That was not my only encounter with boar in the Lainzer Tiergarten. I once left the beaten track only to find myself unexpectedly at a feeding station. I was just getting ready to sneak away again when a boar came racing out of the woods towards me. Before I knew it, I was up a tree, lying on a branch, looking down at him. (Isn’t adrenalin a wonderful thing!) I looked down at him and he looked up at me rather perplexed, as if to ask “What are you doing up in the tree?” At some point, he realized I wasn’t there to feed him, got bored, and left again, and I climbed down and carried on.

On another occasion, I was walking with a cousin and heard the characteristic galloping of a boar, yelled “Boar!” and hid behind a tree. My cousin, not primed in the fauna of the Lainzer Tiergarten, stayed where he was and was unscathed as the boar galloped past us on a mission known only to him.

The one occasion when I actually was a little afraid was the time I was out taking a walk in the spring with a friend and her two relatively small daughters. We wanted to go to the Rohrhaus (a rustic restaurant in the middle of the Tiergarten and, by the way, the Stempelstelle) and had to go past two boar fighting each other in order to get there. That took some gearing up. We were fine, though. They seemed to be far too absorbed in what they were doing to give us a glance (thank goodness).

There comes a point on every walk when I’m on a new route when I start to wonder how much longer the trail is and whether I have missed a turning. This time it came after the Adolftor, when the path started to weave around a little. I was relieved to make it to the St. Veiter Tor and find an older gentleman there who knew not only the right direction but the names of the streets I would need to take. As we were chatting, I saw someone exit the Tiergarten by climbing over the wall and remembered that I, too, had climbed that wall, albeit at a different point. Many years ago I went with a friend, eager to show off this beautiful place, and didn’t realize that the gates are closed (or were closed) on Mondays. Having taken the U4 all the way out to Hütteldorf and having set aside the afternoon for the hike through this former Imperial hunting ground, we decided to climb the wall and go for a walk anyway. We then quite brazenly exited through the main gate (the Lainzer Tor), playing the foreigner card.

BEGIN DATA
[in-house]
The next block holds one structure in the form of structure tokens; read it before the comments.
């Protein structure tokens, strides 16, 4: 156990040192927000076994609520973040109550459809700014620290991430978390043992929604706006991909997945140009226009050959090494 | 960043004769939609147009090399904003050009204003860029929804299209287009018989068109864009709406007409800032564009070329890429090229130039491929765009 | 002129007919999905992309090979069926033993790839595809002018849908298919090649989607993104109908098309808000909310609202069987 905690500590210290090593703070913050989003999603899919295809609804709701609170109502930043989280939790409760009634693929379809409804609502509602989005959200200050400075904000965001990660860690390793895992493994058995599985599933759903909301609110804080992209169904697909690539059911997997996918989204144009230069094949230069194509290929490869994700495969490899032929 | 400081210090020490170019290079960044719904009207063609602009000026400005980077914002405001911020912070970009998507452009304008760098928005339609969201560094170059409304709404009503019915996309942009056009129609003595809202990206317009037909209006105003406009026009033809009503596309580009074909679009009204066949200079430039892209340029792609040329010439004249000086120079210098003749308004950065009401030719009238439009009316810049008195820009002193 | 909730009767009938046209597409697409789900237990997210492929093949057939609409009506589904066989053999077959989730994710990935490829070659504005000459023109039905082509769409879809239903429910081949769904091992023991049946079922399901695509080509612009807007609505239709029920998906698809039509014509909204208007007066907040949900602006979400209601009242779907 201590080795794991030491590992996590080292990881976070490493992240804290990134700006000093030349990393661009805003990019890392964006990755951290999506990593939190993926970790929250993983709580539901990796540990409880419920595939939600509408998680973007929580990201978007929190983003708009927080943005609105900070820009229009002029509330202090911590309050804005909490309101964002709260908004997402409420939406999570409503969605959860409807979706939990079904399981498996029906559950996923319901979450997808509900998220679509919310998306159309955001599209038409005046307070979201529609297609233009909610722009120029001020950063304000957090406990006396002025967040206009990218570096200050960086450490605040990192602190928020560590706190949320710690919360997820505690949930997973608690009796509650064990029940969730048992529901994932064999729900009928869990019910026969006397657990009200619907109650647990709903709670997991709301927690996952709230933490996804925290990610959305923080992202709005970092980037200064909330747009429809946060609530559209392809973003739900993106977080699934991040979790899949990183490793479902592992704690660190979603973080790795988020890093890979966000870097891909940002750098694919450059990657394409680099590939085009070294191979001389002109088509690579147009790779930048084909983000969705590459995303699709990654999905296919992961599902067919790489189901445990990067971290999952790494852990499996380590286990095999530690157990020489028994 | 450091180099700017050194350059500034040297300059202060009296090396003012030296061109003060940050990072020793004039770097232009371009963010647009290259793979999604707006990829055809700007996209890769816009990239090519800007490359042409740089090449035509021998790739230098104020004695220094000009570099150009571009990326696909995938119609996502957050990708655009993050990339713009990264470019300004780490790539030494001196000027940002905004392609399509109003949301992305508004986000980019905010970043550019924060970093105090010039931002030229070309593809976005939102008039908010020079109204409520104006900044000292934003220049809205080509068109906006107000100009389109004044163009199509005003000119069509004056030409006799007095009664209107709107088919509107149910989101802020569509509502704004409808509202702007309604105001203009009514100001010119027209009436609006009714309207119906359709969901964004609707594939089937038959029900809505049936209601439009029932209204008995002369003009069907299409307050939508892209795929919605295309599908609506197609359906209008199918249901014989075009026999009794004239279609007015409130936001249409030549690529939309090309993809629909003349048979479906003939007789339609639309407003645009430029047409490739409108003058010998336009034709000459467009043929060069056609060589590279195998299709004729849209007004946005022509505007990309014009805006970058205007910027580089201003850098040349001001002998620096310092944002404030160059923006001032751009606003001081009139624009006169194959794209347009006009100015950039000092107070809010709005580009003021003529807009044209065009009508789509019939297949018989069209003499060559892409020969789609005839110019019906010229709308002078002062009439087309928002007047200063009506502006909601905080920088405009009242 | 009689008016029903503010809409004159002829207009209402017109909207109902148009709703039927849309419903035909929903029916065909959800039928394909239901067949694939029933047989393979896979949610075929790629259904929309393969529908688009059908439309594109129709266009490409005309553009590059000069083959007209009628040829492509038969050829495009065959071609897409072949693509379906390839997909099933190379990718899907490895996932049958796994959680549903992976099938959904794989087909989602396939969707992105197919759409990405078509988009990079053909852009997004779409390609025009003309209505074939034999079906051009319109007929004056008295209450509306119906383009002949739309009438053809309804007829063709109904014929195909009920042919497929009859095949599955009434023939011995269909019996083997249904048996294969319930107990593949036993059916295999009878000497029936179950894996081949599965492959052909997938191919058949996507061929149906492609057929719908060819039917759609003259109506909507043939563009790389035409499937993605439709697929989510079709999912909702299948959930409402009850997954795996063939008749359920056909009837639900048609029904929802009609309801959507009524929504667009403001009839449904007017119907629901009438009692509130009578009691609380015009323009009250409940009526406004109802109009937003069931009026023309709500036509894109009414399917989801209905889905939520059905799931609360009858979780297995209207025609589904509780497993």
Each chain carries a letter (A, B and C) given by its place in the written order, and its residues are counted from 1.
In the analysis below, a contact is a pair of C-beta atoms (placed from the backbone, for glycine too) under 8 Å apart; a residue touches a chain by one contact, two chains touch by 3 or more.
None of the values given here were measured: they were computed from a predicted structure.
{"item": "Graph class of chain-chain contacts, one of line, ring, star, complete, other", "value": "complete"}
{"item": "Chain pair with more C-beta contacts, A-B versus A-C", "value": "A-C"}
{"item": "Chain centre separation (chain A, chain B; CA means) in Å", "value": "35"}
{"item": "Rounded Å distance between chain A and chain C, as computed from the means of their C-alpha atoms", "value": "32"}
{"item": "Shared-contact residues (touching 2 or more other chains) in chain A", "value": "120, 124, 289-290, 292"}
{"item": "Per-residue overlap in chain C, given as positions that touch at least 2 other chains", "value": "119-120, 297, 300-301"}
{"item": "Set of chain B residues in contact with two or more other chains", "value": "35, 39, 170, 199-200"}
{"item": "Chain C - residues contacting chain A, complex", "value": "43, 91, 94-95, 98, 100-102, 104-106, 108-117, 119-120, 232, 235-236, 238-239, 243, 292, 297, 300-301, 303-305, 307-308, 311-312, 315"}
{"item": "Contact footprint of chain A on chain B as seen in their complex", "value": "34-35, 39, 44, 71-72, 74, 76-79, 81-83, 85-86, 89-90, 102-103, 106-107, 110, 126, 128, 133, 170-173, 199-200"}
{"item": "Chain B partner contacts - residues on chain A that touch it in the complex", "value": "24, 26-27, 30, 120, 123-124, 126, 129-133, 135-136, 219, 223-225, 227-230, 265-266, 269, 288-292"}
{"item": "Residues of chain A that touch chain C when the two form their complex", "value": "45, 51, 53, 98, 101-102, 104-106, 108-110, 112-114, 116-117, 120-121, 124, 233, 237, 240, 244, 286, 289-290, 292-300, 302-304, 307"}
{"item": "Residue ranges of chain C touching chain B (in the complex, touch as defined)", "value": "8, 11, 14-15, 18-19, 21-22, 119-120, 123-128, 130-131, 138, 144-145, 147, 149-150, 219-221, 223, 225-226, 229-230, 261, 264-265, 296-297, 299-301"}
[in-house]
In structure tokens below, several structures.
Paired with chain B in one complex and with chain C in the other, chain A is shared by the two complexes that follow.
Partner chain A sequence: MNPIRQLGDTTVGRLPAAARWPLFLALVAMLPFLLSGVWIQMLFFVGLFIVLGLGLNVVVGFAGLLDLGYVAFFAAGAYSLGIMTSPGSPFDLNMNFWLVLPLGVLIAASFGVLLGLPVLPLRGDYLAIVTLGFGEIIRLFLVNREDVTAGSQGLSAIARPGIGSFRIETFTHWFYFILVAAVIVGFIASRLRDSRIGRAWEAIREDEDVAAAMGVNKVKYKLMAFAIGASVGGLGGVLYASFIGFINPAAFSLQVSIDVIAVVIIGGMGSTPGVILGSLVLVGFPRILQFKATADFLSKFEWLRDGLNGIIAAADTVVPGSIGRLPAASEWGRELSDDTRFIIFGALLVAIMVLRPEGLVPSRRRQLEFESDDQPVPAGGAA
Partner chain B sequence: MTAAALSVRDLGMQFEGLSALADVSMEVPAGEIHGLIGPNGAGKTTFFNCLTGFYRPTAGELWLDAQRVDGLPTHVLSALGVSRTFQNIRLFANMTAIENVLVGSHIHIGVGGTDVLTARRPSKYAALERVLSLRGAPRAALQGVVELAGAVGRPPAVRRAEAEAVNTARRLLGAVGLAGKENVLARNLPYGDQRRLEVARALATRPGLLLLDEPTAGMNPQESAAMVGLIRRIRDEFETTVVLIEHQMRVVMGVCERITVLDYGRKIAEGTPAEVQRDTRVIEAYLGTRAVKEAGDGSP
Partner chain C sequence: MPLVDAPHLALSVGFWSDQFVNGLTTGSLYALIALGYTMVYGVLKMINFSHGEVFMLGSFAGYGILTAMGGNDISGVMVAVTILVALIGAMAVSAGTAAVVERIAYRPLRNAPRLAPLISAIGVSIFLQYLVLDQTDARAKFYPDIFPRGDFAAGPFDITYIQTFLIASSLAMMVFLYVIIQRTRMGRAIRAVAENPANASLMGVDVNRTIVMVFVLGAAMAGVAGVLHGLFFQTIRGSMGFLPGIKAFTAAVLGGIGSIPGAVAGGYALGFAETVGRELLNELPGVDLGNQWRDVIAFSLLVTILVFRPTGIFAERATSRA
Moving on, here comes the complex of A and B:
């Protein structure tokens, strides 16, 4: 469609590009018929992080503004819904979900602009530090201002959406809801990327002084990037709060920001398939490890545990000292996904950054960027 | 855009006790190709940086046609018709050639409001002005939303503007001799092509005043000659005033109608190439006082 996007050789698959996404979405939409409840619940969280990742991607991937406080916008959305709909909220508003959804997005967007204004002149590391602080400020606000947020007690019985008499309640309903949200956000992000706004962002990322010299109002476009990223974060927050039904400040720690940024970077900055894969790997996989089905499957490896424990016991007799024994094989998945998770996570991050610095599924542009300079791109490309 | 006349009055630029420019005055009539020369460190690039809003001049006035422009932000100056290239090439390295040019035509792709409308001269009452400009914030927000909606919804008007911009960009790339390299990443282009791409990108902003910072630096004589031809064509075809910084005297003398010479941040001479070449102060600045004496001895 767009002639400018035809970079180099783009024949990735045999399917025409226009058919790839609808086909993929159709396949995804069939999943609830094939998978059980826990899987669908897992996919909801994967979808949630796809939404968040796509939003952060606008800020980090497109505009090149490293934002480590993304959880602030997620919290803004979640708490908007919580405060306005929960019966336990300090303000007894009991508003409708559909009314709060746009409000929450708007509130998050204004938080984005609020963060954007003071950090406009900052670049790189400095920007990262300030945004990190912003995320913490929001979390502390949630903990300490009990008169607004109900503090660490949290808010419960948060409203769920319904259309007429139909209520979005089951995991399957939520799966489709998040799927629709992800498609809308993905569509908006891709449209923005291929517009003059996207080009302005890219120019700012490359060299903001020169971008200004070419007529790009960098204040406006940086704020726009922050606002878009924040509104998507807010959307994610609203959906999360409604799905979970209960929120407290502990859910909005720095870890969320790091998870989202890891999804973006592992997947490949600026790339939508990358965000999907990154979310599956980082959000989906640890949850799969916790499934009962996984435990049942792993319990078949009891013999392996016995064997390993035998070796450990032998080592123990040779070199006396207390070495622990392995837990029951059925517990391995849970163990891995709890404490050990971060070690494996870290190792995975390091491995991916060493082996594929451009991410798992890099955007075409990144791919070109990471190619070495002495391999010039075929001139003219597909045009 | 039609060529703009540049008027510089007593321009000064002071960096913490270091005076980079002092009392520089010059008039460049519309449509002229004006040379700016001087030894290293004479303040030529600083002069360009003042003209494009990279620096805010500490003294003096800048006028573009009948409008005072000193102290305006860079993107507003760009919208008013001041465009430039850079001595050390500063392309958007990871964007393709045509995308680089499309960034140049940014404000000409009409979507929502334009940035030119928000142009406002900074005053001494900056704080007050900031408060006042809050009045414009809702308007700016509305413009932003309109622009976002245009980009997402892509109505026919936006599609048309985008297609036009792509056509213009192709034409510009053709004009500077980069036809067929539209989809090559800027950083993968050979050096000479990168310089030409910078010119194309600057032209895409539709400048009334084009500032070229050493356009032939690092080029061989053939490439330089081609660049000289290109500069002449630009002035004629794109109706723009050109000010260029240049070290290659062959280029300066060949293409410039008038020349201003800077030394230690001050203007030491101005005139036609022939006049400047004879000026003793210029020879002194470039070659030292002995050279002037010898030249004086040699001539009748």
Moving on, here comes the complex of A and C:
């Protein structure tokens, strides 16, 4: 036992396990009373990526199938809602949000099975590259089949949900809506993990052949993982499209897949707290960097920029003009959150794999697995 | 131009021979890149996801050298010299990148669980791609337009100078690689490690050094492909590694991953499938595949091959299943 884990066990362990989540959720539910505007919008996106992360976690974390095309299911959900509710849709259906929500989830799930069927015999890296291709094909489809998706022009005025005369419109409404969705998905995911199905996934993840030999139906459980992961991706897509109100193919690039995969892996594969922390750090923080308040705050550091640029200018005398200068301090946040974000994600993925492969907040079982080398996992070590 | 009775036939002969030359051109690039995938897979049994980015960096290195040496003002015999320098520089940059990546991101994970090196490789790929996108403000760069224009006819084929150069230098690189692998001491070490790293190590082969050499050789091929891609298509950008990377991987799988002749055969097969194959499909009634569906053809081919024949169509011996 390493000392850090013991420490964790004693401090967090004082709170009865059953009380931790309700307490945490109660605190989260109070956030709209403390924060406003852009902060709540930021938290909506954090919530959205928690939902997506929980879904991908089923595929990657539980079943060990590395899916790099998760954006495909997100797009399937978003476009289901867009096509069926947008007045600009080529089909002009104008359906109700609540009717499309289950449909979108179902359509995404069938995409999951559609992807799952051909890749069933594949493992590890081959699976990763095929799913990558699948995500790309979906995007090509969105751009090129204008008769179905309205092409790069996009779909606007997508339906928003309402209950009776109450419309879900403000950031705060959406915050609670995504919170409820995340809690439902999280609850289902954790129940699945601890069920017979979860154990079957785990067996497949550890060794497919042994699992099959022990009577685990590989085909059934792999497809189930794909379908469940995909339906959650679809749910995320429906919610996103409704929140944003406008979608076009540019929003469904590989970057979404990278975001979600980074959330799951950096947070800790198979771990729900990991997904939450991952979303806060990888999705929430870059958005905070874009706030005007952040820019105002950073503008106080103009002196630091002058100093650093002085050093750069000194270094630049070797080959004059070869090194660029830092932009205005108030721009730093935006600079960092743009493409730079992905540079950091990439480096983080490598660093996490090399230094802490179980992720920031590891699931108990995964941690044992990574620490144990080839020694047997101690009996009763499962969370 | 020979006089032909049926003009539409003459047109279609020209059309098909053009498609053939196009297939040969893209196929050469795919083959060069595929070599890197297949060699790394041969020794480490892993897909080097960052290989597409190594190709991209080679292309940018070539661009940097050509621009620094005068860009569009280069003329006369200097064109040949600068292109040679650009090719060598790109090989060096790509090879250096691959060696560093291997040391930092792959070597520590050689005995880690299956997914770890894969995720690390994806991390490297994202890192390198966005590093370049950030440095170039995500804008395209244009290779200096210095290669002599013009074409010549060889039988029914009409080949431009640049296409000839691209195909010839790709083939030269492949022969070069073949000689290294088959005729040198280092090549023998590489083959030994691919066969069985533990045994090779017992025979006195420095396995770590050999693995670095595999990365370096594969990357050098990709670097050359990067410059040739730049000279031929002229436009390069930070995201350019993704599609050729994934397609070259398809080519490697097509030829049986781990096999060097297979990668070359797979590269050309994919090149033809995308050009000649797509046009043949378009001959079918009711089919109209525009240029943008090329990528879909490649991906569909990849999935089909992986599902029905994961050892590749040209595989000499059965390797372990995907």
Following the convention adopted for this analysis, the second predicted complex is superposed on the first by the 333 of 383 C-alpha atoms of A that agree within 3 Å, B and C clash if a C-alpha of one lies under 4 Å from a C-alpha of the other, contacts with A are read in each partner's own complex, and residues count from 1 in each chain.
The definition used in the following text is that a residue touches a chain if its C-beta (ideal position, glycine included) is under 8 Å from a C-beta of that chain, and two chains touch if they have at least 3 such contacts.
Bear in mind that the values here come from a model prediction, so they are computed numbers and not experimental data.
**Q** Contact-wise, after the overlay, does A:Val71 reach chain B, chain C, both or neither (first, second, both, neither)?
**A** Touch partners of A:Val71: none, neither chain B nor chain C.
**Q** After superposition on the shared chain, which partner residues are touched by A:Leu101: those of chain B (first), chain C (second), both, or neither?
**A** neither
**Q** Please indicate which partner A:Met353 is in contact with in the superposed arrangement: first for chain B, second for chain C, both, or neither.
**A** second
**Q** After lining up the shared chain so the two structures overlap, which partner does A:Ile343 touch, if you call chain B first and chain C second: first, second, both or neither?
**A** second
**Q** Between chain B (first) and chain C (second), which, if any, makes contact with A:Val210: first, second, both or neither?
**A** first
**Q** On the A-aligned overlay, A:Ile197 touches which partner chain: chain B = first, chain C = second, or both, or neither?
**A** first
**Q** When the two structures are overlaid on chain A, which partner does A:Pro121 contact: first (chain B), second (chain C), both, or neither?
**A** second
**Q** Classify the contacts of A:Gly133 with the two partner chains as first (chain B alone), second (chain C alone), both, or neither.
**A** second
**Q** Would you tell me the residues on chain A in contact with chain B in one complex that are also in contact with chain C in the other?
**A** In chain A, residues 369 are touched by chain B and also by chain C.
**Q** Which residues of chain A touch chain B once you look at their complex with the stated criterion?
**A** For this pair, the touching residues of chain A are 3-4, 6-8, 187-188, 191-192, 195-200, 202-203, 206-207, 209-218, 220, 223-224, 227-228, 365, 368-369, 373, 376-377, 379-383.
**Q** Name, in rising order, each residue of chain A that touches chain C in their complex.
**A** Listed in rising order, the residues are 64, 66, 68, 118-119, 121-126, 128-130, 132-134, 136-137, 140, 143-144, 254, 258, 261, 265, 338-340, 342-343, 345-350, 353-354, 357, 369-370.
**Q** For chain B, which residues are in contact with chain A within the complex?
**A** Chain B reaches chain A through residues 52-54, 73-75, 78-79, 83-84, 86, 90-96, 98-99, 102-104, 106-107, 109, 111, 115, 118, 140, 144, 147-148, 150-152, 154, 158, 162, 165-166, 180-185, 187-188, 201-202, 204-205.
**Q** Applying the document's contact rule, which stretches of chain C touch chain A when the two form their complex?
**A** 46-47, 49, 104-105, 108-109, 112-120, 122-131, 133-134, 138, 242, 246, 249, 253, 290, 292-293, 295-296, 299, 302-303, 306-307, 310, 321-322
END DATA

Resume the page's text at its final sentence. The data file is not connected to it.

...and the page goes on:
Following the excellent directions the old gentleman had given me, I found myself in the right place near the right bus stop, with only about three minutes to wait for the bus (which only runs every 20 minutes so that was nice). On past visits, I have always changed from the bus to the tram—probably because I didn’t have the benefit in those days of Qando, the app for the public transportation system in Vienna. Now, Qando told me that the 56B bus would also take me to Hietzing to the U4 but that it would be quicker than the trams. I thought it would be interesting to see a different route.

The 56B bus goes over Küniglberg, where I hadn’t been in years, and the trip woke more memories. I remembered a fascinating visit with students to the ORF (Austrian Broadcasting Corporation) production center out there as well as singing at the funeral of a mentor and friend at the Hietzing Cemetery. As we went past the zoo in Schönbrunn, I remembered that our panda twins, now aged two, were on their way to China today and felt a pang. Pandas are special no matter what, but for a panda mother to successfully raise twins, even with human help, is very special indeed, and now they are gone.